Last week, the OECD released a study on Corporate Anti-Corruption Compliance Drivers, Mechanisms, and Ideas for Change along with a panel webinar discussion about the challenges companies face in implementing and maintaining anti-corruption programs. The highlights included a US Department of Justice (DOJ) representative predicting a record-setting year of Foreign Corrupt Practices Act enforcement on the horizon.
Key DOJ remarks
The webinar panelists included Andrew Gentin, Assistant Chief of the DOJ’s Criminal Fraud Section. Gentin predicted that "in the next year our FCPA resolutions will be greater than in any previous year." He said that, despite the global pandemic and the challenge of conducting in-person interviews, the DOJ is "operating at full-speed."
While the OECD study responses were collected at the end of 2019 and early 2020, the panel acknowledged that changed circumstances due to COVID-19 are broadly impacting companies, including companies’ compliance programs and employees. Gentin advised that while the DOJ would take into account the pressures companies face due to the pandemic, the DOJ also views the pandemic as having increased anti-corruption compliance risks. Gentin cautioned that companies should particularly avoid a disproportionate reduction in compliance staff compared to the rest of the company. He noted also that the DOJ would "take a very close look at" not only the number compliance personnel, but also "where those individuals are located." Even during the pandemic, he said, the DOJ still expects to see compliance personnel "out in the field," "especially in high-risk jurisdictions."
Compliance shortfall: "Are we done now?"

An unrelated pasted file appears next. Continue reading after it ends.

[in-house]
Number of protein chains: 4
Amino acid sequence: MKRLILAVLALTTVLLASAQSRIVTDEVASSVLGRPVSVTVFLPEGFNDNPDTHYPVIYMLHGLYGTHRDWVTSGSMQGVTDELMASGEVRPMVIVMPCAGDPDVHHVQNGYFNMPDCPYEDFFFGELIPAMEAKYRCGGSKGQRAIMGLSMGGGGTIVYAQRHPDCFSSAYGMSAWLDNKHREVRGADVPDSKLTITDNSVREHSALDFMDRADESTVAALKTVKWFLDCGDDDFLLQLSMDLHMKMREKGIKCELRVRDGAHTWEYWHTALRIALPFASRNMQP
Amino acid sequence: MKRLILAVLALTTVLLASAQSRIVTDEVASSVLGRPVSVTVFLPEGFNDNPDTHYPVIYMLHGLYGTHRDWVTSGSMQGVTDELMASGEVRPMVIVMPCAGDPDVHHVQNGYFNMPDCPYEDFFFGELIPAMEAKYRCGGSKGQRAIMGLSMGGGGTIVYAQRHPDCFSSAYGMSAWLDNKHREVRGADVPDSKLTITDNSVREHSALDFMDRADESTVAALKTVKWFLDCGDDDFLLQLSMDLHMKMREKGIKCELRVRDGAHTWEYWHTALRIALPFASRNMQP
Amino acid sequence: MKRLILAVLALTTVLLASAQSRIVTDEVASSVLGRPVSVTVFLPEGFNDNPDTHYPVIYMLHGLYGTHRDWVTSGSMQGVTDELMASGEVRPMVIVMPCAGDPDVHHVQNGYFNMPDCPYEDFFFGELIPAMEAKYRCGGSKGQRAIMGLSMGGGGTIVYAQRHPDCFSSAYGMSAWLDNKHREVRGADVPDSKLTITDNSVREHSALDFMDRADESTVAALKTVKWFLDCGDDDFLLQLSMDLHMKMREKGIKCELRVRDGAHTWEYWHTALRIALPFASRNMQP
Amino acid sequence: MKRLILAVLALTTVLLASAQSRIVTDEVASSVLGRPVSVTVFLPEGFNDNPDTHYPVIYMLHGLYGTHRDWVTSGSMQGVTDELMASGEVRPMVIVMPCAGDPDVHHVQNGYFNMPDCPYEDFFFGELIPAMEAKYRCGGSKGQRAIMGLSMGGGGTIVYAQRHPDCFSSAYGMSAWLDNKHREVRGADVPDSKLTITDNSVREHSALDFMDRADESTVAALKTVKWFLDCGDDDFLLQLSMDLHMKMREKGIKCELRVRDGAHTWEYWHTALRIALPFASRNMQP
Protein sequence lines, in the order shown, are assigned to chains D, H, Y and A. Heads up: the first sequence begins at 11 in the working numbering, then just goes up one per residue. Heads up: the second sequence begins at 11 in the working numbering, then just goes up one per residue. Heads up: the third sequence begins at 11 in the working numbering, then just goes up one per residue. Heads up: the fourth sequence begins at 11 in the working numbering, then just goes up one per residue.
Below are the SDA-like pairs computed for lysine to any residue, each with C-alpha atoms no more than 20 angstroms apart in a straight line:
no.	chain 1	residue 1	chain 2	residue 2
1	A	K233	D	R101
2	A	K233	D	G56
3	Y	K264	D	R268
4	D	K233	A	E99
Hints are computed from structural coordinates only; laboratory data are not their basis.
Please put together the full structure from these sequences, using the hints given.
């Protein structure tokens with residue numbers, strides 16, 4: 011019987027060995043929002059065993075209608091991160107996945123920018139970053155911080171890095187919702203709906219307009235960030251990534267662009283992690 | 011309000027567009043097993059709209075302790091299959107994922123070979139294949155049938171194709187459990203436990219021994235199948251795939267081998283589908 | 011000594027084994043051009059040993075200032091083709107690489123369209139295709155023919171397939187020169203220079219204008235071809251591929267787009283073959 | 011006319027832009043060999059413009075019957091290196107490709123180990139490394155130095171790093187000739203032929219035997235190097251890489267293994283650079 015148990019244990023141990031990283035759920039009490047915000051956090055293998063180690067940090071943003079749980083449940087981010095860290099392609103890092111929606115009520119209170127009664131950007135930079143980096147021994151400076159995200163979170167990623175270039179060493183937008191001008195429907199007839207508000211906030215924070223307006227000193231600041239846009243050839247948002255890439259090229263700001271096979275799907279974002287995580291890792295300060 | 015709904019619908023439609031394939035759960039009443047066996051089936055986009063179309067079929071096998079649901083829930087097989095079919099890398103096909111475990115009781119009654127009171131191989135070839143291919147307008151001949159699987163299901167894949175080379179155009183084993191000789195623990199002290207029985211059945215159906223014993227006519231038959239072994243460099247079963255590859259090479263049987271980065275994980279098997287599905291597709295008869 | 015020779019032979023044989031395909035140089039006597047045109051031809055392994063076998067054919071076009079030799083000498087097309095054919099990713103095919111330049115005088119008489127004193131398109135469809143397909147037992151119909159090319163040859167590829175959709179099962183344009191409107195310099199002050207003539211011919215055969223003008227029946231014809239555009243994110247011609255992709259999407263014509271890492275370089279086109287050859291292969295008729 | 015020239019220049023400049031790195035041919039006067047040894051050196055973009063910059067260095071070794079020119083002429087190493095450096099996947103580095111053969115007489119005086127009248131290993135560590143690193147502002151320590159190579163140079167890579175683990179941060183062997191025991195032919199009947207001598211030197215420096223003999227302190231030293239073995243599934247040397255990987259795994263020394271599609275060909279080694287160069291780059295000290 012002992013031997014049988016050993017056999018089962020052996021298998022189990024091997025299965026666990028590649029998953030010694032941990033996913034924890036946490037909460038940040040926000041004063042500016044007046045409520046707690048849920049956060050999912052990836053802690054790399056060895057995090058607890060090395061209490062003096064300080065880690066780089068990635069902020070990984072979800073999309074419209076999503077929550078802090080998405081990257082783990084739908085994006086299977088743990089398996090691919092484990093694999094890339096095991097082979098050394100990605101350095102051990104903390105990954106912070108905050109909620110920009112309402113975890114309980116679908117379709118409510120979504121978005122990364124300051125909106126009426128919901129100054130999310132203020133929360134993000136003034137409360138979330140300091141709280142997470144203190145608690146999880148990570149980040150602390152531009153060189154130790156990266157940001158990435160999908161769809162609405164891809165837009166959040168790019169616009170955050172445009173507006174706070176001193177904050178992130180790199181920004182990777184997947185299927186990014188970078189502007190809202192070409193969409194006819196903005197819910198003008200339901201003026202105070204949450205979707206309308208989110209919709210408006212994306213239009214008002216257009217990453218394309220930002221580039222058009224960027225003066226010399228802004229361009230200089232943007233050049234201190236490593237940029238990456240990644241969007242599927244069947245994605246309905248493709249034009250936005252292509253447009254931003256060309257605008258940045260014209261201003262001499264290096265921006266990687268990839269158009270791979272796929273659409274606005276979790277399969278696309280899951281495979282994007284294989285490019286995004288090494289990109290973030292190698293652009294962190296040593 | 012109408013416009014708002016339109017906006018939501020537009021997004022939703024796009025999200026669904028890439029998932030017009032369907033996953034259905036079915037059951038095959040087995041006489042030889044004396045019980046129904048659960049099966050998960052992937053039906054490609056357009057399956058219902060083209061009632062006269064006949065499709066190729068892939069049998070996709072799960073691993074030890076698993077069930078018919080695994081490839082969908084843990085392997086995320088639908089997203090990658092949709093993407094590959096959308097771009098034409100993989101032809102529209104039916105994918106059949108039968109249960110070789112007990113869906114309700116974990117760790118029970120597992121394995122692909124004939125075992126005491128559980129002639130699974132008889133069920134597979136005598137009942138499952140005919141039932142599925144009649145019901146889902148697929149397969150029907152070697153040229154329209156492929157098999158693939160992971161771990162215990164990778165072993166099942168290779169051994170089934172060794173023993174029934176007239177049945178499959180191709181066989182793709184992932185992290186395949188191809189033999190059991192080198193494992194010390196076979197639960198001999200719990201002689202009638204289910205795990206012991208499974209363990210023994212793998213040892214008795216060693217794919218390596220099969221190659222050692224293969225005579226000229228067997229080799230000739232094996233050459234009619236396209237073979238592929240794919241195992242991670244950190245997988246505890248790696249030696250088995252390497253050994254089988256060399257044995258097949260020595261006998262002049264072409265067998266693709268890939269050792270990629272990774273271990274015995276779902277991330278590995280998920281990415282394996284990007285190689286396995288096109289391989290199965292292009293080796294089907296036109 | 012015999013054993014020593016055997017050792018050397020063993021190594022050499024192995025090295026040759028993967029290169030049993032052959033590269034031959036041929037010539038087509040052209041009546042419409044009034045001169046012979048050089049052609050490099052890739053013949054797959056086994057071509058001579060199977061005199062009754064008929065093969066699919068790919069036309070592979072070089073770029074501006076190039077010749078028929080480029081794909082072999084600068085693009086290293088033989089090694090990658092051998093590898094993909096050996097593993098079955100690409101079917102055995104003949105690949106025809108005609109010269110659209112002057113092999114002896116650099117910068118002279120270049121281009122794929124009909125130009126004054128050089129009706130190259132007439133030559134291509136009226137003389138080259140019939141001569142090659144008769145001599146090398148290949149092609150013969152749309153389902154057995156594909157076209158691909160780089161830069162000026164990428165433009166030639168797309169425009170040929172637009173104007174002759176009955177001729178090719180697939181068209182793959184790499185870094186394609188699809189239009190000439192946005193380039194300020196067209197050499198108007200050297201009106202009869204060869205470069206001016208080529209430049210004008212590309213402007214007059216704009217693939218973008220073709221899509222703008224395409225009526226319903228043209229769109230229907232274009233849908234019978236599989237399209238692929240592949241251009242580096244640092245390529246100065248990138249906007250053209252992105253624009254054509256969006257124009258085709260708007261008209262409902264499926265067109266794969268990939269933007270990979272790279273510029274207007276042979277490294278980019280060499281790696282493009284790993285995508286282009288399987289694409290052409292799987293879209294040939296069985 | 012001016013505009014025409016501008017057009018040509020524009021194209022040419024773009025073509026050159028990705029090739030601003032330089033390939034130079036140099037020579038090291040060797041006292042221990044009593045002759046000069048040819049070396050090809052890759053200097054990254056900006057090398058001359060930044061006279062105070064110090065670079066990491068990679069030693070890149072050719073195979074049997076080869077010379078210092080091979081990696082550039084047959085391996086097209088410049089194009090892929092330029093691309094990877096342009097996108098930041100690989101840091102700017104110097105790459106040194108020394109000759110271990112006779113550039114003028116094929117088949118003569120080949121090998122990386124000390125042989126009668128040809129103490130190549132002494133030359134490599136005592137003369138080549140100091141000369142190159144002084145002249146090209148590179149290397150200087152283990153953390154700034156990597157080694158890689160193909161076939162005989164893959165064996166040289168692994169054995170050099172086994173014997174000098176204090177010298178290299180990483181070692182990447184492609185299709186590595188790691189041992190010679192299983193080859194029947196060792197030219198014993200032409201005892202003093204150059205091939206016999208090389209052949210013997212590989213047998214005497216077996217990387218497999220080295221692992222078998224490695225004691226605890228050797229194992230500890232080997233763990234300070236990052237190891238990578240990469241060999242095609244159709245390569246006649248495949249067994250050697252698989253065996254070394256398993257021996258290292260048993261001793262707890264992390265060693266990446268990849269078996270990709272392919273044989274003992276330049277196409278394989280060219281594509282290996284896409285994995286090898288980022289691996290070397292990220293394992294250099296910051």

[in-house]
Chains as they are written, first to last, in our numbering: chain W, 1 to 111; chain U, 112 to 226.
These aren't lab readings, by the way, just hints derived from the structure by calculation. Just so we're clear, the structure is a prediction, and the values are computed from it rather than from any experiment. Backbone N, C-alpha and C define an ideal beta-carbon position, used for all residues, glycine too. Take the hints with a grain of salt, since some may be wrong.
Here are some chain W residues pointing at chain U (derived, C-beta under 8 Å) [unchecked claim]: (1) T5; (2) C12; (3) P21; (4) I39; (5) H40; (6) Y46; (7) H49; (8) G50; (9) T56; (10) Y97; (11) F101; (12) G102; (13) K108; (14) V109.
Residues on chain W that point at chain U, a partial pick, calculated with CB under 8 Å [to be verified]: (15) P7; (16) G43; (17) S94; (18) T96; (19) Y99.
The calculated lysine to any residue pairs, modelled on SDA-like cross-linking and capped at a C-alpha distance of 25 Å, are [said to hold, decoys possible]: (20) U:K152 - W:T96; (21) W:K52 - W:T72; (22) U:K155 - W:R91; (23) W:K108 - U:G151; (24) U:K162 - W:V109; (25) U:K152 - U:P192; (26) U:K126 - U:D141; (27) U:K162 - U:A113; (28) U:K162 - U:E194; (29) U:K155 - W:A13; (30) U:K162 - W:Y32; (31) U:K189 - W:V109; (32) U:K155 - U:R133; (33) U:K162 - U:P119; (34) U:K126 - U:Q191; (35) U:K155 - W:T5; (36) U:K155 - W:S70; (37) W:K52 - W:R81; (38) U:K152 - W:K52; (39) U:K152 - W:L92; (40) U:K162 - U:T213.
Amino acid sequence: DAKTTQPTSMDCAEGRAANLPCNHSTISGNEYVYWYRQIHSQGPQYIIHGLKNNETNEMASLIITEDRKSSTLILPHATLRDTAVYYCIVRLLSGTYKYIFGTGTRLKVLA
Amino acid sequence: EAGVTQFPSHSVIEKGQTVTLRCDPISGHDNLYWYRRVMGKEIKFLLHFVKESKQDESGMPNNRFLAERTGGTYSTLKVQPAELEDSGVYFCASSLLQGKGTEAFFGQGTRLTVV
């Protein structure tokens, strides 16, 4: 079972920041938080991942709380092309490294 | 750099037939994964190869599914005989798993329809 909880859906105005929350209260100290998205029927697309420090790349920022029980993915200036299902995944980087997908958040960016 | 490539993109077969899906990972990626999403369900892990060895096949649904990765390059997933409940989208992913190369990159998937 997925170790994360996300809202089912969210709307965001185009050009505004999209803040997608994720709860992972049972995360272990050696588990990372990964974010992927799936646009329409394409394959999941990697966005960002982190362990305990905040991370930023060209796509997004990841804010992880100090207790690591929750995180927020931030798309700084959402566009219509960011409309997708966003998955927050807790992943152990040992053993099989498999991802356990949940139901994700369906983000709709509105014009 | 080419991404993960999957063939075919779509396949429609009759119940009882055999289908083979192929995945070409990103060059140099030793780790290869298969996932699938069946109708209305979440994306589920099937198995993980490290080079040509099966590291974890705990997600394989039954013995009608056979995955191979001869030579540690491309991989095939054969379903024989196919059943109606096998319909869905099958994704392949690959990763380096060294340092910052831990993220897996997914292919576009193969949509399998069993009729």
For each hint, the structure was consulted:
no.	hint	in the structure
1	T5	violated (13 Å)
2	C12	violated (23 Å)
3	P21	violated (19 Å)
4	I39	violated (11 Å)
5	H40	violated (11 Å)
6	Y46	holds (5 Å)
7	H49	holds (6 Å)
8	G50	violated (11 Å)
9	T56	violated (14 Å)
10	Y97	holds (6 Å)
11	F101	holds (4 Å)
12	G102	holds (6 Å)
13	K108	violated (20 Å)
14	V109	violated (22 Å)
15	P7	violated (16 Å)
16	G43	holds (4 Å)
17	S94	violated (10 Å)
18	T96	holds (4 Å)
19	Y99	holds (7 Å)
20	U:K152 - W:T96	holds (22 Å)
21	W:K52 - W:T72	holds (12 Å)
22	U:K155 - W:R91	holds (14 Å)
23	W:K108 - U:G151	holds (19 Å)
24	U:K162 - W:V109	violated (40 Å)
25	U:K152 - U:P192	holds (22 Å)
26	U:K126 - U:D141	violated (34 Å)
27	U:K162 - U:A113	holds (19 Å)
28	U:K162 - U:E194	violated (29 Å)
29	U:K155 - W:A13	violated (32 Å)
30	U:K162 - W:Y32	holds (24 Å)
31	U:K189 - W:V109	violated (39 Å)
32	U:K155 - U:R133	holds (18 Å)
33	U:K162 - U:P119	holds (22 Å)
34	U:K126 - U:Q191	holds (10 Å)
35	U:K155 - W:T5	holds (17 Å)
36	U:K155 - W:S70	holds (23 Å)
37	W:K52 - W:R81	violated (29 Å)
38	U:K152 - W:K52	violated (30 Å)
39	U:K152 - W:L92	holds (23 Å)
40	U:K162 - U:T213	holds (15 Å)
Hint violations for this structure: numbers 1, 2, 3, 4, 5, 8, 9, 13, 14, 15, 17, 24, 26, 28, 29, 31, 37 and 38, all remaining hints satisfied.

The OECD study identified numerous weaknesses in global anti-corruption compliance programs.
One finding that troubled panelists was that 61.5 percent of the more than 100 companies that participated in the OECD study indicated that a "lack of executive commitment to compliance programs" made it difficult to implement an effective anti-corruption program. As described by the OECD’s Senior Legal Analyst in the Anti-Corruption Division, France Chain, this finding is consistent with a management attitude that she summed up as, "Are we done now?" Chain noted that this attitude may be particularly prevalent among executives immediately after a compliance program has been put in place or an ISO or other outside certification has been obtained.
In countries such as the United States — where there is no compliance program defense — this approach poses particularly significant risks. Indeed, Gentin noted that such an approach is strongly at odds with US regulatory expectations. The existence of a compliance program is seen as merely a baseline, and programs are expected to "evolve over time." Gentin further cautioned companies’ not to rely on "one-time" compliance certifications. He stressed that, when evaluating the strength of a compliance program, the DOJ does not give "a lot of weight" to such certifications but does expect to see "continuous improvement." He emphasized that companies stand to benefit if they have strong compliance programs and self-report violations.
Gentin further observed that there is "nothing more important that companies can do" than conduct risk assessments and that the DOJ expects such assessments to "be done regularly" because compliance should constantly evolve. As COVID-19 changes how all of us work, it will remain important to evaluate whether your compliance program is fit for purpose and to adapt as needed.